The Pup or Scout Tractor was Sopwith's follow-up fighter to the type 9700 or 1 1/2 Strutter and got its name as a smaller single-seat version. A single-bay biplane, the wings were two spar, with steel-tube tips and trailing edge. Ailerons were on all four wings. The fuselage is all wood, and tailplane wood except for a steel rear spar. Other tail surfaces were steel construction. The entire airframe is fabric covered.
The Pup was original powered by an 80 hp Le Rhône 9C, 9 cylinder, air cooled rotary engine. Several alternative engines were fitted, including the 100 hp Gnome Monosoupape.
The Sopwith Pup was a single-seat fighting scout which flew first in January 1916.
It was ordered by the Admiralty for the Royal Navy Air Service to serve on the Western Front, where it arrived in September 1916. A total of 170 aircraft were built for the Royal Naval Air Service (RNAS).
Although underpowered, the Pup was a fine aircraft with good maximum speed and climb and excellent manoeuvrability - especially when the torque of the engine was exploited for fast turns. The battles of Ypres, Messines and Cambrai kept the Pup locked in combat and helped to establish its reputation as a 'pilot's aircraft'.
Armed with a single synchronous Vickers .303 machine gun, it was superior to the Fokker D.III. Soon it was underpowered for combat on the Western Front when the German put the Albatros DIIIs in service. Although underpowered, pilots liked the plane because it was manoeuvrable and fast. It could climb and hold its altitude better than any other fighter. The Sopwith Pup remained in service on the front until late 1917 when it was replaced by the Sopwith Camel. After removal from the front it was used as a Home Defence unit fighter. Some were occasionally armed with Le Prieur rockets for anti-Zeppelin patrols.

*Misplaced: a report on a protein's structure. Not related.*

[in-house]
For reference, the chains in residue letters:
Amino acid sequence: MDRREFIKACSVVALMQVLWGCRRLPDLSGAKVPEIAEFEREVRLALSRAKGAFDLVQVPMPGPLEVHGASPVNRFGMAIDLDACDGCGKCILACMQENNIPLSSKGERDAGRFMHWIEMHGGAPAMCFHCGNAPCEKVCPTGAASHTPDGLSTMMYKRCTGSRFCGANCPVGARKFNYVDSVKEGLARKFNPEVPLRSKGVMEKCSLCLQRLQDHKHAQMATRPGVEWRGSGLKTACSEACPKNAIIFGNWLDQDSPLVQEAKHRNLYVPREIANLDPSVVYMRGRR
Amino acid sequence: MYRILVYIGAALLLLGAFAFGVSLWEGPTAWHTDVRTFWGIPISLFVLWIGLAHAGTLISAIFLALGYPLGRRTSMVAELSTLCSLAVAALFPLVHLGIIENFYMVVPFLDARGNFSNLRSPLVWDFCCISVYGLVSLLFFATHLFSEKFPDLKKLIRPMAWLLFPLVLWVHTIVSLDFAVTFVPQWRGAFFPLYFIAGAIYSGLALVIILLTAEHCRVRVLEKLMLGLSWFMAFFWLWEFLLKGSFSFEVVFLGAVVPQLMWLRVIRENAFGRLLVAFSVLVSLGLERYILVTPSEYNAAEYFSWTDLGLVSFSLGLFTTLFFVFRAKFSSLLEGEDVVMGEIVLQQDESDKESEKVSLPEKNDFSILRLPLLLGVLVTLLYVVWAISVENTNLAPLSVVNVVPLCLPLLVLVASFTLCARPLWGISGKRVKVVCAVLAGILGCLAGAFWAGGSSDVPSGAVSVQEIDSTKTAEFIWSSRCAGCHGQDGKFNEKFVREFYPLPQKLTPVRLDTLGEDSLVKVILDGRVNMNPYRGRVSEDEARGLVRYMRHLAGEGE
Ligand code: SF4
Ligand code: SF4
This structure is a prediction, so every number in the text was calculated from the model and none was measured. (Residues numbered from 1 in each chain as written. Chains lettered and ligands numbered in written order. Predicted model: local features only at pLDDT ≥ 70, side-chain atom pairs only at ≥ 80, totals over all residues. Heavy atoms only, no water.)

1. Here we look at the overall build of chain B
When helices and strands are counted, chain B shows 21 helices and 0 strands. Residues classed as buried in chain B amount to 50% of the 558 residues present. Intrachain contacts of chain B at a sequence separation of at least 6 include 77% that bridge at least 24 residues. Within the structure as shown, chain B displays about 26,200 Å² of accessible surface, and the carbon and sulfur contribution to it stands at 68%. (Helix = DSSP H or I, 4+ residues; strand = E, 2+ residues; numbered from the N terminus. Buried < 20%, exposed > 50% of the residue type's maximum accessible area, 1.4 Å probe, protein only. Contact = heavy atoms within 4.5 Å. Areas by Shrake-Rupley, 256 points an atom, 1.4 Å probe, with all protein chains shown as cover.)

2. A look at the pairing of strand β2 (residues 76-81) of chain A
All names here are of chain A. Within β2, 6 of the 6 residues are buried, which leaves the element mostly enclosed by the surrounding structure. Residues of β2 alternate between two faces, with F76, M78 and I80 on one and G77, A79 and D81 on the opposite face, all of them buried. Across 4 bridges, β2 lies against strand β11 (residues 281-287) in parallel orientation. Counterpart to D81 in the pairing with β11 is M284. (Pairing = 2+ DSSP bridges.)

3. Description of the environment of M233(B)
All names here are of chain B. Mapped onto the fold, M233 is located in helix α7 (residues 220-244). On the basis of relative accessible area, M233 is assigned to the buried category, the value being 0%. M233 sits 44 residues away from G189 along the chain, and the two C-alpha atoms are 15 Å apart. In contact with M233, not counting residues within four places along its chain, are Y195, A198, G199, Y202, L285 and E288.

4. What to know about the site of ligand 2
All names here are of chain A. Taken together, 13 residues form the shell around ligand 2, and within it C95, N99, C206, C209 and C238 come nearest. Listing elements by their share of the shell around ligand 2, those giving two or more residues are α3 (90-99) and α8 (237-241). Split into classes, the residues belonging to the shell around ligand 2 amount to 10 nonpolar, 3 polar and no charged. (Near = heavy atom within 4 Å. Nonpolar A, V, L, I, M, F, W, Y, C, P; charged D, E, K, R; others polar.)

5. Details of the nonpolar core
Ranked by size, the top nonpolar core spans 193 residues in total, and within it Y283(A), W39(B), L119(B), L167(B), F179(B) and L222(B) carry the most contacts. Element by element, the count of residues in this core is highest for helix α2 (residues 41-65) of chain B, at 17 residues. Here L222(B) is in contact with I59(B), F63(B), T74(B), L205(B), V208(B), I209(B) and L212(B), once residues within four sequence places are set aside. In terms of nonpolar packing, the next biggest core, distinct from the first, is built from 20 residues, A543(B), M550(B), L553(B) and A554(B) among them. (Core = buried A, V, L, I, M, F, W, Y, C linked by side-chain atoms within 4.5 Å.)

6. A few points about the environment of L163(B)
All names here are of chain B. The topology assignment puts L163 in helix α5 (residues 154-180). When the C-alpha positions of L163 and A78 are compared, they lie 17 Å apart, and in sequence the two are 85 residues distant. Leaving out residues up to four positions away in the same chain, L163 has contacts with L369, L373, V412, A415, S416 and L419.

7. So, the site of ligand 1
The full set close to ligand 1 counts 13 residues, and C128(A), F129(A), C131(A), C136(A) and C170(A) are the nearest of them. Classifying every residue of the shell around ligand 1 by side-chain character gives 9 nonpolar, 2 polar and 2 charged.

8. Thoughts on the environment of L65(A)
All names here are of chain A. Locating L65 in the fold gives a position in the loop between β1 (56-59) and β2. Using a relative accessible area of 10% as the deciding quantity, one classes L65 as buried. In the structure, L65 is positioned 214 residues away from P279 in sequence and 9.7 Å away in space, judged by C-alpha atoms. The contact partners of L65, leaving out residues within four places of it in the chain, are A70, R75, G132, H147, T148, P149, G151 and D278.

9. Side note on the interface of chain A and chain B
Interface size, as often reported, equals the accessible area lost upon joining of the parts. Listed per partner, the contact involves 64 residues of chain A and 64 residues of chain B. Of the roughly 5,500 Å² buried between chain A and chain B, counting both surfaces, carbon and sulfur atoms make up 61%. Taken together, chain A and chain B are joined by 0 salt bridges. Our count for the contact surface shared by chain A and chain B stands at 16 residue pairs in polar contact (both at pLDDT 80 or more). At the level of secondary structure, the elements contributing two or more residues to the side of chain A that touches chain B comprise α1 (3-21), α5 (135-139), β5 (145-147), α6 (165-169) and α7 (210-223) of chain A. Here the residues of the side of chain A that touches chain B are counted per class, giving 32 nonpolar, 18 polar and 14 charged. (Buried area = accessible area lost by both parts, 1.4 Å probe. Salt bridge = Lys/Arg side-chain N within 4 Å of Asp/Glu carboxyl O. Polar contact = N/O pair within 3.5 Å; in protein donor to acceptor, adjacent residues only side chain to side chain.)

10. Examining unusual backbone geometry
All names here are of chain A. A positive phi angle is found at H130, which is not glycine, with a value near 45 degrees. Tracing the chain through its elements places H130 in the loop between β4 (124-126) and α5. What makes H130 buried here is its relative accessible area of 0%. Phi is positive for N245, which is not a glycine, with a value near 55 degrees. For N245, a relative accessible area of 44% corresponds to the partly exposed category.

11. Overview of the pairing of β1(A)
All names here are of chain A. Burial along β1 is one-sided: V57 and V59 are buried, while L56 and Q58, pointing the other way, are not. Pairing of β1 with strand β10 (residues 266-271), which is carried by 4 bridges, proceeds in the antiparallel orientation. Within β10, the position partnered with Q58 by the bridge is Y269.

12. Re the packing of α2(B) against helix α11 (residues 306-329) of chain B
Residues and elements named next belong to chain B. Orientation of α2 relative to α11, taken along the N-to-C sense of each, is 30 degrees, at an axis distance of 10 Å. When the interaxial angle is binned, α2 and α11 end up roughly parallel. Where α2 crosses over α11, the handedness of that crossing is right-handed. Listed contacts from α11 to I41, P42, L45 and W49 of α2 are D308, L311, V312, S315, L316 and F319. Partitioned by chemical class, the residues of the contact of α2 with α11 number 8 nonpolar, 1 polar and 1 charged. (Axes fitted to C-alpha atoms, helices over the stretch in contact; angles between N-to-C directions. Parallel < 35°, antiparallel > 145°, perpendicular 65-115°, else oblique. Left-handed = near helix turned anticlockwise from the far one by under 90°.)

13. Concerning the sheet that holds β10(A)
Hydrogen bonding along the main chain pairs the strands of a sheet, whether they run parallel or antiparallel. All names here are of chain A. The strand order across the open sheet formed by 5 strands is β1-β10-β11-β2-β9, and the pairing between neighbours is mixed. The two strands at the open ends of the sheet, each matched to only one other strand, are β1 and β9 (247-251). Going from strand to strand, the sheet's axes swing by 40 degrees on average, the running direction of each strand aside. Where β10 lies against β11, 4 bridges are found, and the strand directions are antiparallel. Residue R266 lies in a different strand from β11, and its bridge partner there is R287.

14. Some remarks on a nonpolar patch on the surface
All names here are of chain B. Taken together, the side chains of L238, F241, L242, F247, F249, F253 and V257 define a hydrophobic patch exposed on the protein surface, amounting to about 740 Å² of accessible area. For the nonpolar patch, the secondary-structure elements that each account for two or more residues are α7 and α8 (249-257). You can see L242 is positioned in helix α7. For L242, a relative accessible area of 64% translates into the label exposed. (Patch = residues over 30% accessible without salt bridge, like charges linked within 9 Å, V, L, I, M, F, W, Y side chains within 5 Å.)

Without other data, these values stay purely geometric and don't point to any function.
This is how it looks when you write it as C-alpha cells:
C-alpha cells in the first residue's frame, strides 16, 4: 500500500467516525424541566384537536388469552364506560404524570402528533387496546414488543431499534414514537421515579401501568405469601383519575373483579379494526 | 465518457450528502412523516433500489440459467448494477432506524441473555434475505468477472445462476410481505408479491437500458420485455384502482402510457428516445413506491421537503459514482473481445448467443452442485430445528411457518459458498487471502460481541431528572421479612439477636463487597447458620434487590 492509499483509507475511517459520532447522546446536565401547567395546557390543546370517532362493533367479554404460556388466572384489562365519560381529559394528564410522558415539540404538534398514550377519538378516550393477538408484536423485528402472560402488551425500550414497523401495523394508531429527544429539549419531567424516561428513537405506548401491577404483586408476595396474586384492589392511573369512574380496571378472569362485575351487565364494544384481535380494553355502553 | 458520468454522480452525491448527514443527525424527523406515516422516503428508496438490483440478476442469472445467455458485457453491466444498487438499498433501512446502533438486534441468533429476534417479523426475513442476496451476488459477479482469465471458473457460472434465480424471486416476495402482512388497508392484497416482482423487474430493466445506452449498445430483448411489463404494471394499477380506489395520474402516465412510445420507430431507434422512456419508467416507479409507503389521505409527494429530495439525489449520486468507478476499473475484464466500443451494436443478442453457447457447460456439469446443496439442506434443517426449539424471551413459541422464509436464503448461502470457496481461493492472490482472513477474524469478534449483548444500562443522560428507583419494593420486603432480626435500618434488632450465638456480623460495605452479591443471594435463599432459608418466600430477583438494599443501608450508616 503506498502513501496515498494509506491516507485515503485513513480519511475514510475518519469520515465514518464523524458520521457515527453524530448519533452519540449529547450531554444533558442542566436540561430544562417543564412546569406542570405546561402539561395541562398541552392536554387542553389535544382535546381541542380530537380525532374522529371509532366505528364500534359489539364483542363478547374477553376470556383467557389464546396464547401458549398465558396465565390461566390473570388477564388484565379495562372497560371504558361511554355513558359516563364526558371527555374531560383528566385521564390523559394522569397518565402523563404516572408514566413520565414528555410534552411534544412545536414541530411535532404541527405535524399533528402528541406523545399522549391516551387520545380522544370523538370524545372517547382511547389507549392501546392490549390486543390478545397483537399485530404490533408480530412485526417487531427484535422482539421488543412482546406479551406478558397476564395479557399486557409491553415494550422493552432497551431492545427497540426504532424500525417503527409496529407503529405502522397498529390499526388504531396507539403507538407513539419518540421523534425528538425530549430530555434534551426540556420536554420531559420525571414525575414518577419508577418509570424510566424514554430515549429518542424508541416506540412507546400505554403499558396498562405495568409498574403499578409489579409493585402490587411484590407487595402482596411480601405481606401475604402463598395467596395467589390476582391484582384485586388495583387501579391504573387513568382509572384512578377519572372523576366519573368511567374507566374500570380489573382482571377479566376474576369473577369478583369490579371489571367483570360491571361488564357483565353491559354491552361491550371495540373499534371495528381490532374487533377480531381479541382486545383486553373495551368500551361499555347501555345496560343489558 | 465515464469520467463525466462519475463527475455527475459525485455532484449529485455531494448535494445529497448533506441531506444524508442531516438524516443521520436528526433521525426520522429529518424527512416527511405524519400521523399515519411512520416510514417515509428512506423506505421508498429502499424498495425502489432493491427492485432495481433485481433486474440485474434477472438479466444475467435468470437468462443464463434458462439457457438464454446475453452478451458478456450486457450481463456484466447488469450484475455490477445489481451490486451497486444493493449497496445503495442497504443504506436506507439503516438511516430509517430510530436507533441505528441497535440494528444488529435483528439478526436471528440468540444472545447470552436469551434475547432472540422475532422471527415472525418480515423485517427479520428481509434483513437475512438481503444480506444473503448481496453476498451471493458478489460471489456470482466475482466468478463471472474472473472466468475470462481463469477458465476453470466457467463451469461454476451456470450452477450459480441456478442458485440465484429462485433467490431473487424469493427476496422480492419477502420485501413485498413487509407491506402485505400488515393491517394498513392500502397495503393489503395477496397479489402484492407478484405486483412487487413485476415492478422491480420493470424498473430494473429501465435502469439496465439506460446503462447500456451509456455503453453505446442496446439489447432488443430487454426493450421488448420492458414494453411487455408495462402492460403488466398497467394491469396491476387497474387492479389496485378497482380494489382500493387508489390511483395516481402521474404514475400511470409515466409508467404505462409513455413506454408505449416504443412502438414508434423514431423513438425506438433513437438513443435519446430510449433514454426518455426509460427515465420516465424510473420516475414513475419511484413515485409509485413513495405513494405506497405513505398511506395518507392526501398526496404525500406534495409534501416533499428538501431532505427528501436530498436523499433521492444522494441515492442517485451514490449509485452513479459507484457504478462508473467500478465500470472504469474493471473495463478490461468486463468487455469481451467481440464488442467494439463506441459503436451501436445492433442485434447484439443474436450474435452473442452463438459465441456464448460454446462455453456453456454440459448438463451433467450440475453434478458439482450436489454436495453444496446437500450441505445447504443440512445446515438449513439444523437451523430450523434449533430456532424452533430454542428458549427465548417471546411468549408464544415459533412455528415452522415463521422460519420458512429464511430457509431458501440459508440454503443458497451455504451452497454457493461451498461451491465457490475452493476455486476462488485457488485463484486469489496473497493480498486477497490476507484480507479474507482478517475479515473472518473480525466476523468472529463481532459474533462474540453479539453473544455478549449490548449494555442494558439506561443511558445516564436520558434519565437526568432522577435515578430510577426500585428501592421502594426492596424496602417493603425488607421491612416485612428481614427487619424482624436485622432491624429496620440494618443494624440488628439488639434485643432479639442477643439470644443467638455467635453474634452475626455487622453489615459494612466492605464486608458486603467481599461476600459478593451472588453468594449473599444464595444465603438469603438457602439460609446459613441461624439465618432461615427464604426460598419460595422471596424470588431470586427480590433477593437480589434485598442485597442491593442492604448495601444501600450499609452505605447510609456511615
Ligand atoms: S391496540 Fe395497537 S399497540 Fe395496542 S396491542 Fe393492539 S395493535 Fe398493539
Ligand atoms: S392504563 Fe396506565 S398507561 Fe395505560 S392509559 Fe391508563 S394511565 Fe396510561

About 1770 airframes of the Sopwith Pup were built by and under license for the Sopwith Aviation Company Ltd.
Notwithstanding their Naval origins, the majority of Pups constructed served with the Royal Flying Corps, with a total of 1670 built initially as fighters. They were also involved in the training role from 1918. In 1919, eleven Pups were supplied to the Australian Flying Corps as part of the Imperial Gift. Upon formation of the RAAF in 1921, the aircraft were allotted to No 1 Flying Training School at Point Cook for use as an intermediate fighter trainer until 1930.
One of the best remembered exploits of the Pup was its use in determining the feasibility of landing conventionally wheeled aircraft on board aircraft carriers. On 2 August 1917 a Pup, flown by Squadron Cdr E. H. Dunning, landed on the deck of HMS Furious, so recording the first landing of an aeroplane on a moving ship. Grab straps attached to the aircraft enabled deck crew to pull it to rest. When another landing was attempted on 7 August, the Pup stalled and went over the side of the carrier into the sea and Dunning was killed. Nevertheless the results were sufficiently encouraging for the experiments to continue and the Royal Navy became the first service in the world with an effective carrier force.
100% Scale Replica:
Airdrome Airplanes Sopwith Pup
Pruitt Sopwith Pup
Engine: One 80hp / 59kW Le Rhone
Wing Span: 26 ft 6 in / 8.1 m
Length: 19 ft 3.75 in / 5.9 m
Height: 9 ft 5 in
Wing area: 23.6 sq.m / 254.03 sq ft
Empty weight 787 lb / 357 kg
Loaded weight: 1,225 lb / 556.0 kg
Fuel capacity: 19.25 Imp.Gal
Climb: 10,000ft/14 mins
Ceiling 17,500 ft / 5,300 m
Speed: 97 kt / 111 mph / 180 kph (sea level) 103 mpg @ 9,000 ft
Endurance: 3 hours
Range: 162 nm / 300 km / 186 miles
Armament: 1 x Lewis MG or 1 x Vickers MG
Rockets: 8 x Le Prieur rockets